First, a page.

Wednesday, August 04, 2010

The Wild Vine...Todd Kliman

I am going to take a detour from my journey in Alsace and venture down another road. This road leads us to a most interesting and fascinating discovery of a forgotten grape...the Norton grape.
The Wild Vine A Forgotten Grape and the Untold Story of American Wine by Todd Kliman

Fascinating from the beginning to the end. Tod Kliman had me hooked from his opening sentence. We all know a picture can be worth a thousand words. But in a few words author Kliman paints a picture that sets the tone for this book.
"Clouds of dust drift through the open window of my rickety Toyota as it shudders along the bumpy gravel path of Champe Ford Road like a washing machine on spin cycle, stirring up sticks and pebbles."
I knew immediately I was in for a literary treat but little did I know I was in for an amazing story, a true American story. The story of the Norton grape. The grape that was used to make a wine from Missouri that walked away with a gold medal at an international exhibition in Vienna in 1873. History is carefully interwoven with facts that could only have been gotten by long and careful research.
Throughout the book I encountered sentences loaded with wit and wisdom. Here is one of my favorites. describing the scene on the night of the grand "heritage tasting" and the buzz in the room, Todd observes, "Free wine and food have a way of bringing out the best in people - or at least, bringing them out."
Wine culture in Europe is evident in all wine producing countries. it has been that way for centuries. Does North America have a wine culture? A major set back and blow to our wine culture was due to Prohibition. in fact it stopped it dead in its tracks. We are just beginning to recover from that fiasco.

Tod Kliman describes in wonderful details, the historical characters beginning with Thomas Jefferson, who made an attempt to establish a wine industry in America. Interestingly, most of the major players involved with the Norton grape had their last name begin with an 'H'. Horton, Husmann, Held and even the town where it all began, Hermann and its citizens, the Hermannites. But it all came to a grinding halt with the onset of Prohibition.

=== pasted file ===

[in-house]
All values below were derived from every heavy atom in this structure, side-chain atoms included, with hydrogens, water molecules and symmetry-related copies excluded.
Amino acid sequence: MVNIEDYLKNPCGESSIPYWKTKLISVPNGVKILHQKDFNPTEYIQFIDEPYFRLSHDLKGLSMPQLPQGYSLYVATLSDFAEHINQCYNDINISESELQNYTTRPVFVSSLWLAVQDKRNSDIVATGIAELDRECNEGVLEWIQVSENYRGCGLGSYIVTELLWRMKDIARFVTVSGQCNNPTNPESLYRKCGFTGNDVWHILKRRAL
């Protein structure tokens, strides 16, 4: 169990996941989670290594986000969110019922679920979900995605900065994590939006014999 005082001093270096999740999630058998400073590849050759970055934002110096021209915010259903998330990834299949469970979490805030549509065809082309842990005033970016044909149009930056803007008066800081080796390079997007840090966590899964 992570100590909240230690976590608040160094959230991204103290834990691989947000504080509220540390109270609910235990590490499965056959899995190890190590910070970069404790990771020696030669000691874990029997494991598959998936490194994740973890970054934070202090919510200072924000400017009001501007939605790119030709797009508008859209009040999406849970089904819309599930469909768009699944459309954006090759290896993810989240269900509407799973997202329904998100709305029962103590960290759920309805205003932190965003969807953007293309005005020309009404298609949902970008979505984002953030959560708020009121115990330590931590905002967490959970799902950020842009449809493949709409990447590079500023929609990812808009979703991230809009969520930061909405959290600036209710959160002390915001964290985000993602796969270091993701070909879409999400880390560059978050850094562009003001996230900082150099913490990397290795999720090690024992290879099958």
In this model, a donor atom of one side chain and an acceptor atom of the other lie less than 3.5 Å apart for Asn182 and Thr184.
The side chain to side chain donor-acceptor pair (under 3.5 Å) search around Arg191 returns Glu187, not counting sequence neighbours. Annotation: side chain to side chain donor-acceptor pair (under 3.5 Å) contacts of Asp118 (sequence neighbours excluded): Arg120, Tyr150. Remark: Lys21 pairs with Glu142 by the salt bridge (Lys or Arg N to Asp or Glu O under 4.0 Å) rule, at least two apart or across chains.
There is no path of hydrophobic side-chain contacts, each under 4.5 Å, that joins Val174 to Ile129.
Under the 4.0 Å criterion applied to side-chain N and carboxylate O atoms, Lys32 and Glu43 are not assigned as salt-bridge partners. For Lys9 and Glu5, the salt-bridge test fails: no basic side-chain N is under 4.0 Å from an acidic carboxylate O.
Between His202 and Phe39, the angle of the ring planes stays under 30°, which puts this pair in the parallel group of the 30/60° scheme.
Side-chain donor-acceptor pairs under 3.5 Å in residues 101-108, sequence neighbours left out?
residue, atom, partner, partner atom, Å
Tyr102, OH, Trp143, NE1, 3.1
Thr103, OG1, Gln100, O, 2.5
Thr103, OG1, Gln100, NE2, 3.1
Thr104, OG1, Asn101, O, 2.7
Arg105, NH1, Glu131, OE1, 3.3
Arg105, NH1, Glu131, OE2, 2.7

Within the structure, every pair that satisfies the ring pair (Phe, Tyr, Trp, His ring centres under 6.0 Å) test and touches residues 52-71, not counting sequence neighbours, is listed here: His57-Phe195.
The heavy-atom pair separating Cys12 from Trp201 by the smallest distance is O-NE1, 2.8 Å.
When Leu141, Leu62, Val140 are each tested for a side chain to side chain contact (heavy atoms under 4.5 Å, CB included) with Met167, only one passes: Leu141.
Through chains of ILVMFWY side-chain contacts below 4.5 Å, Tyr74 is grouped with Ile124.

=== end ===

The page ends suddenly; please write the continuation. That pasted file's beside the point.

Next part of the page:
Virginia, where it all began and where today the story continues, thanks to in large measure, the determined champion of the Norton grape, Jenni McCloud.
This is a must read for anyone interested in wine, wine history and wine culture in North America. In fact I believe this book should be required reading for all oenology courses taught in America.
One final observation. The states of Missouri and Virginia are to be highly commended for their part in promoting the Norton grape, but for me Todd Kliman by writing this book, has done much, very much, in creating an awareness of the true American grape - the Norton Grape !!


Nick said...

Very interesting my friend - thanks for the heads up - I will see if I can get a copy! I have also enjoyed your series of posts on Alsace! The cremant is one of my favourites and is as good as some Champagnes, if not better!

Wilf G.K said...

Nick, so good to hear from you. you bet those Alsace cremants are good. Had the Pfaffenheim Excellence Brut and it was remarkable. Just as good as a Champagne but at 1/3 the cost.
Had company last weekend and guess what I served them? Why Angels on Horseback of course. It is still one of my favourite recipes on your blog.
Thanks and cheers my friend.

Wilf G.K said...

Nick, in my excitement about Alsace cremant, I forgot to respond to your comment about "the Wild Vine".
It really is a well written book. My only surprise about it is, that since it is such an historic bit of Americana, that the Norton grape is not more widely known.

The Norton Wine Travelers said...

Kim of Madison, WI described this book so well with her statement of “I love the way [Norton] wine becomes an example of what it means to be American, a symbol of a country and a culture that I wouldn’t have noticed myself.” Today there are 202 Norton vineyards in 23 states! Remember, always let any Norton wine breathe for no less than 30 minutes before enjoying. Personal favorite Norton wines by state: White Oak (AL), Three Sister (GA), Century Farm (TN), Elk Creek (KY), Cooper & DuCard (VA), Stone Mountain Cellars (PA) and Blumenhof, Heinrichshaus, Adam Puchta, and Robller (MO).

Wilf G.K said...

Thank you so very much to the Norton Wine Travelers! I don't think anyone realizes that today there are 202 vineyards in 23 states. I am looking forward to someday in the near future to be able to taste a wine made with the Norton grape. Unfortunately it is not available to me here in BC. So tell me more about the "Norton Wine Travelers".